If more than 1/4inch drive torque is desired, the use of a 3/8 inch drive socket would be recommended or 1/2 if the torque level requires it

Well we still disagree, my analogy is only logical to me if talking about a bolt much smaller then any larger ratchet needed to supply the necessary torque, kinda like the LCA always is more robust then any TB conceptt..


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PostPosted: Sun Apr 21, 2019 4:29 pm 
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Quote:
real world application.

My car went from 9" drum brakes with 13" wheels to 11.75 disc brakes with almost twice as wide tread pattern 15" wheels.
That's "Real World" enough for me.(IMO)

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PostPosted: Sun Apr 21, 2019 7:35 pm 
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Ironic isn't it. Mopar in the real world used the same LCA's in almost every drivetrain configuration, Slant to a hemi, on the same platform.

Must have been a management design shortcoming, to no one in particular? :lol:


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PostPosted: Sun Apr 21, 2019 7:44 pm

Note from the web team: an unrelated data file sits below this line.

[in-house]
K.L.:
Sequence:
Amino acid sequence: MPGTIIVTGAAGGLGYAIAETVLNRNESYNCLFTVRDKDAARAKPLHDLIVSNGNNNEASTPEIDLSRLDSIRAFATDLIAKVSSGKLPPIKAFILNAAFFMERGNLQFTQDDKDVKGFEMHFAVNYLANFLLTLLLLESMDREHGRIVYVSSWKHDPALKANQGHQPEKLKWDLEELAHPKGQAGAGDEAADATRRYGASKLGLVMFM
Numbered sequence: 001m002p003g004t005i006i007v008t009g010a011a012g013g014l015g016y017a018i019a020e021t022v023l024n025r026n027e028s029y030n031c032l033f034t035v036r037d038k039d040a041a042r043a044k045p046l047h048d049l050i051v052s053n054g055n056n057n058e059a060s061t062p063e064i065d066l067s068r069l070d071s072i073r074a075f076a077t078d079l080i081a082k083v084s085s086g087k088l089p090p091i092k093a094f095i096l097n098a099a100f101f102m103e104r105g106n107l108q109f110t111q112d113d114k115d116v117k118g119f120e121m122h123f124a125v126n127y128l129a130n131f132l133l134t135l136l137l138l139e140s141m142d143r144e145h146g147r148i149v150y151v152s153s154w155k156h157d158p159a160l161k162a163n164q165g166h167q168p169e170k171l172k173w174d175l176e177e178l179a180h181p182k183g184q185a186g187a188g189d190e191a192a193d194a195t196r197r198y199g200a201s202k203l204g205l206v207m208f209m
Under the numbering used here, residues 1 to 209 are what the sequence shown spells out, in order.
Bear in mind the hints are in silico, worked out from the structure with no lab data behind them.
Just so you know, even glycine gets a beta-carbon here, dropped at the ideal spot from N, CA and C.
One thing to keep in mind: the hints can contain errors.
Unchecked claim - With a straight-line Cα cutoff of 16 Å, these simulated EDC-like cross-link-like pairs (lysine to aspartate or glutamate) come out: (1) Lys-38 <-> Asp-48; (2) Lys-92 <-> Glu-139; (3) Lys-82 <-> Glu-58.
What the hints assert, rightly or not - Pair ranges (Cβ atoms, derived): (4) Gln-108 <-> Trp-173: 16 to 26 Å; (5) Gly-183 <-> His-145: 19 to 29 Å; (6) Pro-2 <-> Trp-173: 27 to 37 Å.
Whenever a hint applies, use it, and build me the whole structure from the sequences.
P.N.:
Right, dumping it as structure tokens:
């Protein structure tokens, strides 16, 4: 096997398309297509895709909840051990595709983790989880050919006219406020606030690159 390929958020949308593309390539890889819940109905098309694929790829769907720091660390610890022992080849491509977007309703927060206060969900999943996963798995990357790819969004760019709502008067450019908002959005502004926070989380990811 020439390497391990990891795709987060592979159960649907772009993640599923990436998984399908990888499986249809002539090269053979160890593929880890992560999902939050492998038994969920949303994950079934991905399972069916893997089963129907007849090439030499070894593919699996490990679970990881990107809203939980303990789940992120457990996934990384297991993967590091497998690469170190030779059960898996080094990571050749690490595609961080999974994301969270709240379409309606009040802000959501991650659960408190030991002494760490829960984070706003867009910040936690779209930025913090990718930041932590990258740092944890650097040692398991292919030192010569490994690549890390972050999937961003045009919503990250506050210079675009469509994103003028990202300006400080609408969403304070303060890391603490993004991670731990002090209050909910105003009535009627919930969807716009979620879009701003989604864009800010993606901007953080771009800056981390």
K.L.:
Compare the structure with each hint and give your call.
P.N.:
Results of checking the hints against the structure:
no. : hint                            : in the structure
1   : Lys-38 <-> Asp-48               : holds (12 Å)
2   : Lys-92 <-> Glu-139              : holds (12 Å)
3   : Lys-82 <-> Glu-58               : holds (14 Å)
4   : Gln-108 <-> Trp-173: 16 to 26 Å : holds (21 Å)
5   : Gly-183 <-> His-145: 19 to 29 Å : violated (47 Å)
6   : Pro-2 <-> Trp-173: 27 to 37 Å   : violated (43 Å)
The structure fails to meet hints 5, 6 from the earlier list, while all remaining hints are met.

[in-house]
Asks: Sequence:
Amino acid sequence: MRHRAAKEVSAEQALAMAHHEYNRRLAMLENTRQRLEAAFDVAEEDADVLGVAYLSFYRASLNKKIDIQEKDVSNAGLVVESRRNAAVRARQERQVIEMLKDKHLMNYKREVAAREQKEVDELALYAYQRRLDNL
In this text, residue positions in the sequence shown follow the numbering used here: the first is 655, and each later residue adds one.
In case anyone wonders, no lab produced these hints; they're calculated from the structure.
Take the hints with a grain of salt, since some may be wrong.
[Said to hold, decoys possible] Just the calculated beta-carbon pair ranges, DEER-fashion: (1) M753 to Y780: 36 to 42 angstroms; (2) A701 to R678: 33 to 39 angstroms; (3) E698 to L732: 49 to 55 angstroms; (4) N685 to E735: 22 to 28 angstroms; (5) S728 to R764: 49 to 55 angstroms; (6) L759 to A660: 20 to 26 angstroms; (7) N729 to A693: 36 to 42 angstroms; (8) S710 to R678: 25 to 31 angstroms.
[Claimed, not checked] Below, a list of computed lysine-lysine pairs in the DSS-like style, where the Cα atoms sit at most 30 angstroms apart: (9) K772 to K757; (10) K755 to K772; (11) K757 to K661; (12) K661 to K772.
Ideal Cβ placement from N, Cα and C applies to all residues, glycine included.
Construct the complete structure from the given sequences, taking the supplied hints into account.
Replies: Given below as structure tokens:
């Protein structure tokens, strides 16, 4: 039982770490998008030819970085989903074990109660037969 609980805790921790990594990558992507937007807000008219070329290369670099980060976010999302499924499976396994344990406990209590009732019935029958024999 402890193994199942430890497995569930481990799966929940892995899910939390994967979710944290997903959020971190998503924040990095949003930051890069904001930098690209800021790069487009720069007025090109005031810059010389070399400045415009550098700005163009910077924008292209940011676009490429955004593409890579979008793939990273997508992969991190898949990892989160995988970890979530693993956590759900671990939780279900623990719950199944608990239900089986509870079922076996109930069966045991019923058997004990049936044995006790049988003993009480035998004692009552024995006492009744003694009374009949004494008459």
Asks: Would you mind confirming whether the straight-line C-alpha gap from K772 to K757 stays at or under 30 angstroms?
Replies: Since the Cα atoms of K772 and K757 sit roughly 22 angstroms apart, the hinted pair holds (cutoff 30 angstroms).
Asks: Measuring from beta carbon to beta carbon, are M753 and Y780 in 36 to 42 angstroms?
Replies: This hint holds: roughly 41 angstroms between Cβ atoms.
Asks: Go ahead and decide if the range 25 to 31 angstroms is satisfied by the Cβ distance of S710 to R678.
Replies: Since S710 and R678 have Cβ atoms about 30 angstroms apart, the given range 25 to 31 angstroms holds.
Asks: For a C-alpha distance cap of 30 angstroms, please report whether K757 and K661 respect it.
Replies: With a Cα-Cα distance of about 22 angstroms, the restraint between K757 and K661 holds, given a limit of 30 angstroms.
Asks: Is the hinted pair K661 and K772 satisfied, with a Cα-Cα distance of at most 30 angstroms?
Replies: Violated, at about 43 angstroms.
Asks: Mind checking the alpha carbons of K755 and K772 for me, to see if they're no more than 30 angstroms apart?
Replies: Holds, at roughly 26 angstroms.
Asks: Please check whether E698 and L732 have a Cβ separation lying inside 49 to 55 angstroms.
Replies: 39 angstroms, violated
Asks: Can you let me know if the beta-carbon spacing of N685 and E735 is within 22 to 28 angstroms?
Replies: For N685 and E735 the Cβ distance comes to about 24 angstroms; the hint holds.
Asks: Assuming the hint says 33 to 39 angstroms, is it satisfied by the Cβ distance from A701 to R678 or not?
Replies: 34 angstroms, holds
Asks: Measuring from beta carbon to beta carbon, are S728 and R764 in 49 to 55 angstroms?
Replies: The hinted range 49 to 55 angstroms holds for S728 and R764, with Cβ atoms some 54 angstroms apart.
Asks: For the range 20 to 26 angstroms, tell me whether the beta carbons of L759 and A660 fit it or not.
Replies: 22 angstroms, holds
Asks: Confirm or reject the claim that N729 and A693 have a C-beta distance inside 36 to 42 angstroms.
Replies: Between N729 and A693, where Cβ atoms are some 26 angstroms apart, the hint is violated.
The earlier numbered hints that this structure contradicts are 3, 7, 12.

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Greg Ondayko wrote:
https://www.speedwaymotors.com/QA1-52307-Tubular-Control-Arm-Front-Lower-Mopar-A-Body,258467.html?sku=72152307&utm_medium=CSEGoogle&utm_source=CSE&utm_campaign=CSEGOOGLE&gclid=EAIaIQobChMImeLd56Hf4QIVB0sNCh2qiwpqEAQYAiABEgJmuPD_BwE

Lower arms. I would not buy these however.

Greg


Comparing "bending" robustness of the OEM LCA, effectively two back to back 3"? tall x 1/8" steel channels to a 1.75"? OD tube made of any material, is IMO, no comparison, except maybe lighter. Only explanation I can fathom, the OEM LCA are so over designed, putting them on a diet has no downside, which of course would then make a fairly strong case about the merits of needing an end user added stiffening gusset, ie there are none from a structural standpoint.